Children and Kidney Disease
Children and Kidney Disease
Healthy kidneys keep your whole body healthy and growing. Blood flows through the kidneys which clean the blood by filtering excess waste products, water and salt from the blood. Kidneys regulate blood pressure and balance the body’s chemicals. They play a very important role in a child’s growth by producing hormones that promote red blood cells, regulate the amounts of nutrients from food that are necessary for growth and help to metabolize growth hormones.
What causes kidney failure in children?
The risk of kidney disease is about 20 times greater for adults than for children. There are many different causes of kidney failure in children including resulting from an injury or poisoning. Some problems are congenial or hereditary, meaning the child was born with them. Some children develop kidney failure because urine refluxes, or flows back, from the bladder into the kidneys instead of being excreted. This disorder may be associated with urinary tract infections, but may produce no signs or symptoms until severe kidney damage has occurred. Your pediatrician or family doctor is the best source for information about kidney problems in children.
What are the treatment options for a child with kidney failure?
Treatment options for anyone with kidney failure are transplantation or dialysis. Transplantation means that a healthy kidney is placed in the patient’s body to do everything a healthy kidney should do. The patient will still need medication, regular check-ups and a restricted diet to ensure that that the new kidney is functioning properly.
Dialysis is an alternative method of cleansing the blood. Peritoneal dialysis cleans the blood through a soft tube inserted into the abdomen. The dialysis fluid flows into the abdomen, cleans the blood and is extracted. This procedure can be done at home usually during the night while the child sleeps. Hemodialysis uses a filter machine called a dialyzer to clean the blood outside the child’s body. This system takes place in a clinic usually three times a week. Your pediatric nephrologist will advise you on the best treatment for your child.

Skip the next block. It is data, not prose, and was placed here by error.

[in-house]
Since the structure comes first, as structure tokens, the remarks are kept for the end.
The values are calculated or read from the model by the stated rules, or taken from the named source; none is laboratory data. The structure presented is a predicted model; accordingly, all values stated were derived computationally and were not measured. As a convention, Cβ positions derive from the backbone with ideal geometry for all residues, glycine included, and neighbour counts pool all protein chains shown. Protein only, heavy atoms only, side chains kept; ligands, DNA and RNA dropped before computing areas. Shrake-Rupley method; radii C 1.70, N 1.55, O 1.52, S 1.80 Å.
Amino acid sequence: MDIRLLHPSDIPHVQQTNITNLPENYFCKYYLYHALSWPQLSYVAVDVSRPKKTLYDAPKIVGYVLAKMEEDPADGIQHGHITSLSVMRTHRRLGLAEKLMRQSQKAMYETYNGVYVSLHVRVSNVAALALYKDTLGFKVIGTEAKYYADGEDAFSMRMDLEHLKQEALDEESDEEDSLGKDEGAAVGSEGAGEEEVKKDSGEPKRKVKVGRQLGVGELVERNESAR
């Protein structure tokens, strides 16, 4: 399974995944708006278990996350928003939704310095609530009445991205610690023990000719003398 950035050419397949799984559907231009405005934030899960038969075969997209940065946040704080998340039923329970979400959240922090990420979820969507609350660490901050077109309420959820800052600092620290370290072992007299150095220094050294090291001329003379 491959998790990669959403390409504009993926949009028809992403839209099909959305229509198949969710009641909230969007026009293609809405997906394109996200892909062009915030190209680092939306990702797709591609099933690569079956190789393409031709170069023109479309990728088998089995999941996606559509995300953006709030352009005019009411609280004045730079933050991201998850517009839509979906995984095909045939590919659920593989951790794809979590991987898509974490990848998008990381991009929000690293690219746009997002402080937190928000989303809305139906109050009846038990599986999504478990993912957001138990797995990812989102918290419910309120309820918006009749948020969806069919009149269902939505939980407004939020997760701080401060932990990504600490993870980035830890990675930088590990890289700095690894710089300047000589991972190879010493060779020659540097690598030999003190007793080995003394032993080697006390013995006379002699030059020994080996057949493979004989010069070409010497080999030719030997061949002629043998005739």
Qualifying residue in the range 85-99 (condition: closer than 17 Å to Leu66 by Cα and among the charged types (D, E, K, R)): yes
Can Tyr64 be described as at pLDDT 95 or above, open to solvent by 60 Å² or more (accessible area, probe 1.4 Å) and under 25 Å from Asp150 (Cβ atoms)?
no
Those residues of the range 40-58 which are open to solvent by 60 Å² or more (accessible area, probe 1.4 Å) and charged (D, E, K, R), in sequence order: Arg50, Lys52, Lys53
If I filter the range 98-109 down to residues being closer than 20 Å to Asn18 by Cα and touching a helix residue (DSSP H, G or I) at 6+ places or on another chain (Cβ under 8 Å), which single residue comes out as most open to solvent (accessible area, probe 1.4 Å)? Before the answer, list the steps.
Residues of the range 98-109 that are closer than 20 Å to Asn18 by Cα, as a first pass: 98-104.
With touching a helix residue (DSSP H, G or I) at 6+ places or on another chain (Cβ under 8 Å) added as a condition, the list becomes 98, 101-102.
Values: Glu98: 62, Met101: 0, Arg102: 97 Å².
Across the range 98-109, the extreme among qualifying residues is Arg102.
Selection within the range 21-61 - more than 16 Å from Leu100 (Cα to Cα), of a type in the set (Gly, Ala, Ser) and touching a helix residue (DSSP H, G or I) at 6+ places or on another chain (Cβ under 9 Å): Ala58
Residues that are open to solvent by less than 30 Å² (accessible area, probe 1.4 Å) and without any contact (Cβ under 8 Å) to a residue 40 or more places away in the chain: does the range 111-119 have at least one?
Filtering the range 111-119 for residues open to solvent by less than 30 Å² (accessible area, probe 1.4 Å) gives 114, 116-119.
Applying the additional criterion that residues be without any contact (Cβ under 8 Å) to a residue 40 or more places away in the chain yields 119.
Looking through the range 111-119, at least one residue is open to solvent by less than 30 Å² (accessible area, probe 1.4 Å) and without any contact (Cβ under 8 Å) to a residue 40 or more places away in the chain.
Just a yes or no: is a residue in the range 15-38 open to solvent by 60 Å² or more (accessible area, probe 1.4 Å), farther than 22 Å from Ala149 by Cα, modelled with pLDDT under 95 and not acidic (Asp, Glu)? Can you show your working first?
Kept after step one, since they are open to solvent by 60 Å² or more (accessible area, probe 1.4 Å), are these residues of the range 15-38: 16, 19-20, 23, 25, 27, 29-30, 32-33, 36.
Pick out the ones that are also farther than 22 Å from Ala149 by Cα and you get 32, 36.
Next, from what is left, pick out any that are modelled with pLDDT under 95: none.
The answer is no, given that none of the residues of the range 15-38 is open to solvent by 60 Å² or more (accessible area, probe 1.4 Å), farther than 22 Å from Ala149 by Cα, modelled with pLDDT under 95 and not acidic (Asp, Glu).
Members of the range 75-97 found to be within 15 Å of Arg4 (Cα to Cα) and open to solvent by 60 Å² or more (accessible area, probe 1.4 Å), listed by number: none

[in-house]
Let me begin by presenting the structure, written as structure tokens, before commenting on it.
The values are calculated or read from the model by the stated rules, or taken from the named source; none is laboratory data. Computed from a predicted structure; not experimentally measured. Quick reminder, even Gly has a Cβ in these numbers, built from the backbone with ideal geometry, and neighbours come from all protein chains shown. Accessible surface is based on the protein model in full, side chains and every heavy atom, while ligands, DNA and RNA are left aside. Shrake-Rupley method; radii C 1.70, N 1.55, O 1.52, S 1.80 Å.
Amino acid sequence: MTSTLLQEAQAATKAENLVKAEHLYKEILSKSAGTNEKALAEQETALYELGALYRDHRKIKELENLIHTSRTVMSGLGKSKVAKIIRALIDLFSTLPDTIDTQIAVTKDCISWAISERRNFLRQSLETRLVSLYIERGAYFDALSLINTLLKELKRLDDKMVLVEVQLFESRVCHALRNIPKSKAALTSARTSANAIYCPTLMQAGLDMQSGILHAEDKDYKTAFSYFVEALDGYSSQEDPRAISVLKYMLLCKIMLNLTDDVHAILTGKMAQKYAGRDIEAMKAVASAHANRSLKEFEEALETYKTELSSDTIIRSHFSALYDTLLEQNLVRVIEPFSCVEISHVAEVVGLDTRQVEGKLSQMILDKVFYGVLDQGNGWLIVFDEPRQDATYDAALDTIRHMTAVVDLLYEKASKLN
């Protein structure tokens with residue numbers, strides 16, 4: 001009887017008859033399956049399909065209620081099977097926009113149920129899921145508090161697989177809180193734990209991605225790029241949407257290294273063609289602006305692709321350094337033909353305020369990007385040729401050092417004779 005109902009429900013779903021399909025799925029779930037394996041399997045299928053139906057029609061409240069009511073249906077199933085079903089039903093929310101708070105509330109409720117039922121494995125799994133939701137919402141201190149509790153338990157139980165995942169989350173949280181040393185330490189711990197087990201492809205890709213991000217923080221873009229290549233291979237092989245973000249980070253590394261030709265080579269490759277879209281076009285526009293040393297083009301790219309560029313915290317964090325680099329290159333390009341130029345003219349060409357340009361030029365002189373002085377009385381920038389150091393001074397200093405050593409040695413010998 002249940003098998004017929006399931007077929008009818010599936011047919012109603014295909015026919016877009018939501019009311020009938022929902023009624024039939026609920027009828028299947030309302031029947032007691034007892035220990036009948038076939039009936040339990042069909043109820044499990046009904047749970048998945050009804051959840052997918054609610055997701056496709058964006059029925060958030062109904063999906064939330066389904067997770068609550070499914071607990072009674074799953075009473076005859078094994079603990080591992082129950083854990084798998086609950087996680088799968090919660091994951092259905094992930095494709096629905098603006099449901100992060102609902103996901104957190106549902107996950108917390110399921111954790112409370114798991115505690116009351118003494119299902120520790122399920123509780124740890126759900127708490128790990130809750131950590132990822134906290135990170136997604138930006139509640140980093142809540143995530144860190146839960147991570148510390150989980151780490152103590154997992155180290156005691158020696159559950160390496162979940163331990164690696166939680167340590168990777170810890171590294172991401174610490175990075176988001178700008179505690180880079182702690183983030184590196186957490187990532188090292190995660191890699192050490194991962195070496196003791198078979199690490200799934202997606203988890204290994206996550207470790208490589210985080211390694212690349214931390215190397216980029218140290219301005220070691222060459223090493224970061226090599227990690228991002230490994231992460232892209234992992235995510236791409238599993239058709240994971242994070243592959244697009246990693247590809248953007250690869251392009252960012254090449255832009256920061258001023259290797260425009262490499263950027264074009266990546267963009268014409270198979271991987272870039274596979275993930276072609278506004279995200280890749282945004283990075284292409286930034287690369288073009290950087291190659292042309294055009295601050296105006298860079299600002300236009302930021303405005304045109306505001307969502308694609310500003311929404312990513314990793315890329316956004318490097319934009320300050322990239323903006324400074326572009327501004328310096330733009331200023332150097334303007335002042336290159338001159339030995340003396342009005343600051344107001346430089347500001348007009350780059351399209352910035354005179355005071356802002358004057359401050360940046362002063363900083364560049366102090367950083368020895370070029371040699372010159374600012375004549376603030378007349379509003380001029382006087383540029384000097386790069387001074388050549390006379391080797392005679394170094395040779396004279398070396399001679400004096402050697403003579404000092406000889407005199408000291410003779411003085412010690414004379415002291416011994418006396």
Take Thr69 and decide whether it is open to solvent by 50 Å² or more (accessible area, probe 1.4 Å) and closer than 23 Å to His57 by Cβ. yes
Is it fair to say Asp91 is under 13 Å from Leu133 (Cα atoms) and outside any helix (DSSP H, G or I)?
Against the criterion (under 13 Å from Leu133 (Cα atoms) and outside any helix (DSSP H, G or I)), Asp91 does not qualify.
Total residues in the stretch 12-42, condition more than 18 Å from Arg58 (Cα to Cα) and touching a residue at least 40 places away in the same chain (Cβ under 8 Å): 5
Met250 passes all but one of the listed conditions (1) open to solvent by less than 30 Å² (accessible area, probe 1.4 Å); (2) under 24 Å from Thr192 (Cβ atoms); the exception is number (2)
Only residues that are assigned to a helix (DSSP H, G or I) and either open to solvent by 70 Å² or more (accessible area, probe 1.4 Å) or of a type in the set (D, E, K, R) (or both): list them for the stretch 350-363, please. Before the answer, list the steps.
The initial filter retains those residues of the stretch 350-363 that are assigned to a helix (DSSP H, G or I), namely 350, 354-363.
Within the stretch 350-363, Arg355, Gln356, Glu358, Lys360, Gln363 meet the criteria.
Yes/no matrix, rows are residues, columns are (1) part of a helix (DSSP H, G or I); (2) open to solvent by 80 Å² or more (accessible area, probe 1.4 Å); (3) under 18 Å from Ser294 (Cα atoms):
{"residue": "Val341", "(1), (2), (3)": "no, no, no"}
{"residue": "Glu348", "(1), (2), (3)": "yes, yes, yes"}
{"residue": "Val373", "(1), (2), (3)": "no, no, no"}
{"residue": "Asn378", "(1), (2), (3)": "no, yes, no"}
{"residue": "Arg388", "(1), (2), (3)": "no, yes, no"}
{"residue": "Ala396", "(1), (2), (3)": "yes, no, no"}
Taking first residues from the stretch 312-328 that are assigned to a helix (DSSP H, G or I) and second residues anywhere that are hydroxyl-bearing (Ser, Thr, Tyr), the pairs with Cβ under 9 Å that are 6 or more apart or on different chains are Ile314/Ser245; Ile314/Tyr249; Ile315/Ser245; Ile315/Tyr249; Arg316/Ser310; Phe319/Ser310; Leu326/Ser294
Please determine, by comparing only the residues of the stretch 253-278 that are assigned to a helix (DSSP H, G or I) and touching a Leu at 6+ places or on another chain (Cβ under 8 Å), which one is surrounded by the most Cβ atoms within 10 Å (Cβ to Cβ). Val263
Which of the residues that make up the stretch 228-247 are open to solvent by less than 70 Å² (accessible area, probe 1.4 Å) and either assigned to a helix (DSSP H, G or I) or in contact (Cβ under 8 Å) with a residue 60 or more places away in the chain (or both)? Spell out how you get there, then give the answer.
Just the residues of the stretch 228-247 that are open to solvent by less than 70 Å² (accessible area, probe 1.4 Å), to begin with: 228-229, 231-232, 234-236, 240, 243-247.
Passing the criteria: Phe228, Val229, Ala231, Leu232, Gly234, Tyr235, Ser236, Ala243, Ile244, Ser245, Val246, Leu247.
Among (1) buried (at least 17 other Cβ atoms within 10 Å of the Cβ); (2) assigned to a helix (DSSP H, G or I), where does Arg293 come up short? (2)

Is a transplant always the best goal for a child with kidney failure?
Yes. Usually the nephrologist’s goal is to have pediatric patients transplanted as soon as possible to allow the child to lead the most normal life possible. However, there may be circumstances when an extended period of dialysis is preferred before transplantation is undertaken.
Do children with kidney failure experience social issues?
Children with kidney disease may development some learning problems, have problems concentrating or develop motor skills and language skills more slowly than others. Because of their small stature and delayed cognitive development some children may experience difficulty interacting with their peers.
It has been found that being open about the disease with others, partaking in physical activity or sports even on a limited basis and being involved with school and extracurricular activities as much as possible can be most helpful in enabling the child to develop social skills and self esteem.